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Floods Leave 77,000 Chinese Homeless

September 3, 1999

BEIJING (AP) _ Floods in central China’s Hunan province have destroyed more than 20,000 homes, leaving thousands of poor people living in tents near river embankments, a Red Cross official said Friday.

Relief workers were concentrating on providing medical care, sanitation, water and other necessities to 77,000 people left homeless when an embankment along the Yangtze River in Minzhu county, 800 miles south of Beijing, gave way in July, Solveig Olafsdottir of the Red Cross said.

Although some of the homeless have gone to live with relatives, many have been forced to live in tents on higher ground, he said.

Floods struck Minzhu in 1995, 1996 and 1998, destroying crops and leaving residents reliant on government loans to provide for their families. But this is the first year homes have been completely destroyed, she said.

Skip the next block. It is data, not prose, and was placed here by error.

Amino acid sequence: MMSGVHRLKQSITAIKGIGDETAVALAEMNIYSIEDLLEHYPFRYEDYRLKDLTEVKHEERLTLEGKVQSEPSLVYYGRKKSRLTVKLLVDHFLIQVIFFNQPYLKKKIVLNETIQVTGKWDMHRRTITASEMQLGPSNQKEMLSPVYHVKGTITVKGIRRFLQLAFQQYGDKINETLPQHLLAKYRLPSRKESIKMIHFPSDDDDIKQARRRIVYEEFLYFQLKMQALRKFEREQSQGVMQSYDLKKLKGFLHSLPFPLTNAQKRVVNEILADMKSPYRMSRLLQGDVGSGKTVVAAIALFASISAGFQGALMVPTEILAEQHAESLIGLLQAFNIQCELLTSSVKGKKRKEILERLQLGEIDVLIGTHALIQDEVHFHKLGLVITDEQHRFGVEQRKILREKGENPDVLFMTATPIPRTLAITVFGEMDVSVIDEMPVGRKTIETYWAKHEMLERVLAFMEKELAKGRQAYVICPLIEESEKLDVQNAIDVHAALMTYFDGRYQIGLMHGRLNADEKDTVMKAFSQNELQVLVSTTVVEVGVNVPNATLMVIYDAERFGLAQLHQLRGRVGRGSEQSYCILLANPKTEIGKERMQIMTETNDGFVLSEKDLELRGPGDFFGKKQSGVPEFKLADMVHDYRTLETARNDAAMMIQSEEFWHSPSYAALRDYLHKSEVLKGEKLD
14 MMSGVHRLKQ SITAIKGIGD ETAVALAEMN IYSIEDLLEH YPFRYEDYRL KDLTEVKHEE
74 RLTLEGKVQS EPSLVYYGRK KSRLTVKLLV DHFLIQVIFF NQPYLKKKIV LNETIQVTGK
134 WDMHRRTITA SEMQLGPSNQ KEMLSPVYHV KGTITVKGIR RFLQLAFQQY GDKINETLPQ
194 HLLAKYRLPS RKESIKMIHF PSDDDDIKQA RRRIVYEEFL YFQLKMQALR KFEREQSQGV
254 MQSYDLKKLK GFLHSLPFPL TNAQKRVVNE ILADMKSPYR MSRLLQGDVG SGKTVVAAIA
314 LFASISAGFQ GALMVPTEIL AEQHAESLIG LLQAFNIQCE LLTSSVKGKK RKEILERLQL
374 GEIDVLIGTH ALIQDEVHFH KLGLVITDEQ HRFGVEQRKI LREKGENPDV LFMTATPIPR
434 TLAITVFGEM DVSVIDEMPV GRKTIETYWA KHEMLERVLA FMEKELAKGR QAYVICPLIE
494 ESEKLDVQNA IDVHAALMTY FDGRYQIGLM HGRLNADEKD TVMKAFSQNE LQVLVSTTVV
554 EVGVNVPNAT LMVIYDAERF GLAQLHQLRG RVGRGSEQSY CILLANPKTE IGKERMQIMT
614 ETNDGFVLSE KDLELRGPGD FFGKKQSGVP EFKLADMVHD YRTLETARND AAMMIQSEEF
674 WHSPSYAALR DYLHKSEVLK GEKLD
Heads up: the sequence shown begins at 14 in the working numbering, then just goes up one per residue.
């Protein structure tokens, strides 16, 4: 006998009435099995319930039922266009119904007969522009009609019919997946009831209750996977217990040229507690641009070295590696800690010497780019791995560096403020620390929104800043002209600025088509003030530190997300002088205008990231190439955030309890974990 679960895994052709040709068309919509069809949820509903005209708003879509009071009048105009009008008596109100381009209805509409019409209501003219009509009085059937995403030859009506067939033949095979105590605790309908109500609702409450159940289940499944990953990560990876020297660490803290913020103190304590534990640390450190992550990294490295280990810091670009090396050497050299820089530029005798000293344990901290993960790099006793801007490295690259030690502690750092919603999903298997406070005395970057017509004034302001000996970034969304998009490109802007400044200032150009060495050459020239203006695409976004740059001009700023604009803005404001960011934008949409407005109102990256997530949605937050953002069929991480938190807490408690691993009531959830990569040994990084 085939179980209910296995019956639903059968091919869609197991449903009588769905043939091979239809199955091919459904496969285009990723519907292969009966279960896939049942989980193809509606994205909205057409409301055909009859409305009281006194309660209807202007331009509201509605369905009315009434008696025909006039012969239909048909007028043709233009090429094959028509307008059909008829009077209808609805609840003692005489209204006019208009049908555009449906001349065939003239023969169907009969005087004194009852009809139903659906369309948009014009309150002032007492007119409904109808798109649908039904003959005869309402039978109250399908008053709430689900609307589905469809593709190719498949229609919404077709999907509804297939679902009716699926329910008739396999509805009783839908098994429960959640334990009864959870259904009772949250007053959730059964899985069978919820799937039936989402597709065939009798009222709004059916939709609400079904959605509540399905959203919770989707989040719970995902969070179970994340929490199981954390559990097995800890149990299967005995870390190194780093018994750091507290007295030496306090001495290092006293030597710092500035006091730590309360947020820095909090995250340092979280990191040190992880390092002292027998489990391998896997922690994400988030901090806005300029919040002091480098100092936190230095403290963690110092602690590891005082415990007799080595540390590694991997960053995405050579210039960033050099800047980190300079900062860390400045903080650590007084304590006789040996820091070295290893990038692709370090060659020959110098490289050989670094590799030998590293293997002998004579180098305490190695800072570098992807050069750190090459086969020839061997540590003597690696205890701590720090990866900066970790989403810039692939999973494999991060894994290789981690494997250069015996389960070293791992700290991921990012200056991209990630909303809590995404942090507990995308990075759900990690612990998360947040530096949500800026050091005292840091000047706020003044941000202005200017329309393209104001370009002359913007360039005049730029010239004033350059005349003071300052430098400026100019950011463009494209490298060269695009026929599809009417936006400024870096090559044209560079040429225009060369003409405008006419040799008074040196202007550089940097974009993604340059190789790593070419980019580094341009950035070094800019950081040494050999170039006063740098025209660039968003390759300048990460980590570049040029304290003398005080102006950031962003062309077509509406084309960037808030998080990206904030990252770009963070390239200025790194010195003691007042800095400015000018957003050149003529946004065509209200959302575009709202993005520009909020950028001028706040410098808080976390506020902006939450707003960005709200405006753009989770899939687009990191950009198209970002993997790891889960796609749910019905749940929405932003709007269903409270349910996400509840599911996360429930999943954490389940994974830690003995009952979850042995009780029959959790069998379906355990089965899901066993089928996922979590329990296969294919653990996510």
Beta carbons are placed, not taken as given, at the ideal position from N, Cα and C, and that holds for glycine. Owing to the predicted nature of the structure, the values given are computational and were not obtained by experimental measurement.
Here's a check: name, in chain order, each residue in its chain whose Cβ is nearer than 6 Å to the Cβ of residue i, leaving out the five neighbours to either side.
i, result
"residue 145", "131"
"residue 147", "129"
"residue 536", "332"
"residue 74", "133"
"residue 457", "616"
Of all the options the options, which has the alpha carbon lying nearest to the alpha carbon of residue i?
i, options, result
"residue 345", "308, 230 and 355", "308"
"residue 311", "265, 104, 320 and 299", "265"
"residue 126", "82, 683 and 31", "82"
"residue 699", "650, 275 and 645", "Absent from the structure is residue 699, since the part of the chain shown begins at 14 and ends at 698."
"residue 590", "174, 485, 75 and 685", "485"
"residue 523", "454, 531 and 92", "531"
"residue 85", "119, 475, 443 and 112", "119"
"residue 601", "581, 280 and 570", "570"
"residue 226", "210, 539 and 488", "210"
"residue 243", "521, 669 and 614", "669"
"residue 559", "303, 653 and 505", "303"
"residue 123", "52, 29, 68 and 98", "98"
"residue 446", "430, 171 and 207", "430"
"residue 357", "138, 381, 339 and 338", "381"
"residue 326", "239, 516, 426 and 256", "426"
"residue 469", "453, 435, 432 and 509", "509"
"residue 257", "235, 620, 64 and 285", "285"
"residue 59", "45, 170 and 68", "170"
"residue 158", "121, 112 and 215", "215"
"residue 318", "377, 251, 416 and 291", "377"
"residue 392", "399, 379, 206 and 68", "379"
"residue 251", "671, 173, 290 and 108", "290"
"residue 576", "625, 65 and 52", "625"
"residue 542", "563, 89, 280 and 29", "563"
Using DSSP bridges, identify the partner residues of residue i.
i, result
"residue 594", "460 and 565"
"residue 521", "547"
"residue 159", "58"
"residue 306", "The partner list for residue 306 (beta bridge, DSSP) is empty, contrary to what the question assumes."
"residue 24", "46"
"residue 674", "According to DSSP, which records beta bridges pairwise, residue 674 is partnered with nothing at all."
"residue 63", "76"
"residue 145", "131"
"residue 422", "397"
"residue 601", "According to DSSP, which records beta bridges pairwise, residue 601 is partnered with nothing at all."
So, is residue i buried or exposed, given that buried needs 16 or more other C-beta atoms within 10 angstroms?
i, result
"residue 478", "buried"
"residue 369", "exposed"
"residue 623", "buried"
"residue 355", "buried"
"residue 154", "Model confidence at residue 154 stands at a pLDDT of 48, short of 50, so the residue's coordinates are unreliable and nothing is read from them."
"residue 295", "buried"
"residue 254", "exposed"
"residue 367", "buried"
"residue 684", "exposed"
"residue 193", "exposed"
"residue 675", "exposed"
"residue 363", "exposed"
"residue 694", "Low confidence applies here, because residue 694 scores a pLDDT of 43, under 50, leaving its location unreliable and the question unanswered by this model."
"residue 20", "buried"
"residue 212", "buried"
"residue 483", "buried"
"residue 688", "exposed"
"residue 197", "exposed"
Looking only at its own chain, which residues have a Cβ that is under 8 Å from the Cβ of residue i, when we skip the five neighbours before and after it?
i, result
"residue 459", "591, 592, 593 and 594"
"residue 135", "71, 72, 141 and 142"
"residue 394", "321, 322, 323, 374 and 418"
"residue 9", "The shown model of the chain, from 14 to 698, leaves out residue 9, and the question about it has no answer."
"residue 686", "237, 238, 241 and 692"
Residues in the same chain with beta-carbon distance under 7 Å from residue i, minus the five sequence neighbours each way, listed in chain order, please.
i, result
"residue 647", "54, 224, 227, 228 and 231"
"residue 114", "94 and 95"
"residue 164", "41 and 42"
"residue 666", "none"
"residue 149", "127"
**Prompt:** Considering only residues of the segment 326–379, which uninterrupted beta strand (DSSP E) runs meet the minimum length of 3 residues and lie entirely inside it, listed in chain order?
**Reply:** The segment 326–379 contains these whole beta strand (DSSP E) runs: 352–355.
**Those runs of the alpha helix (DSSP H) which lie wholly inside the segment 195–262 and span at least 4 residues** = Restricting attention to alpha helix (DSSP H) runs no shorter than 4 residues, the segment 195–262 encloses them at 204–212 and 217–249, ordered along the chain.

``This year’s floods were the worst so far,″ she said. ``They are pretty desperate.″

Flood waters along the Yangtze have begun to recede with autumn’s approach. But the ground is saturated and people’s lives won’t improve significantly before early November, Olafsdottir said.

She said authorities in Minzhu were considering permanently resettling residents on higher ground to prevent future disasters.

More than 800 people have been killed nationwide in China’s summer flooding this year and another 5.5 million have been evacuated. Although the damage has not been as extensive as last year’s flooding _ when 4,100 people died and millions were left homeless _ there are pockets of severe devastation.

The southern Hunan city of Chenzhou was struggling to recover after a flash flood Aug. 13 swept away 722 houses and damaged bridges, hospitals and other structures, Olafsdottir said.

Local authorities said 70 people died, 82 were seriously injured and more than 17,750 were left destitute in Chenzhou, she said.

The international Red Cross appealed last week for $7 million to help flood victims in China. Millions of people in Hunan and Hubei, Anhui and Jiangxi provinces remain in dire need of food, clean water and sanitation assistance.

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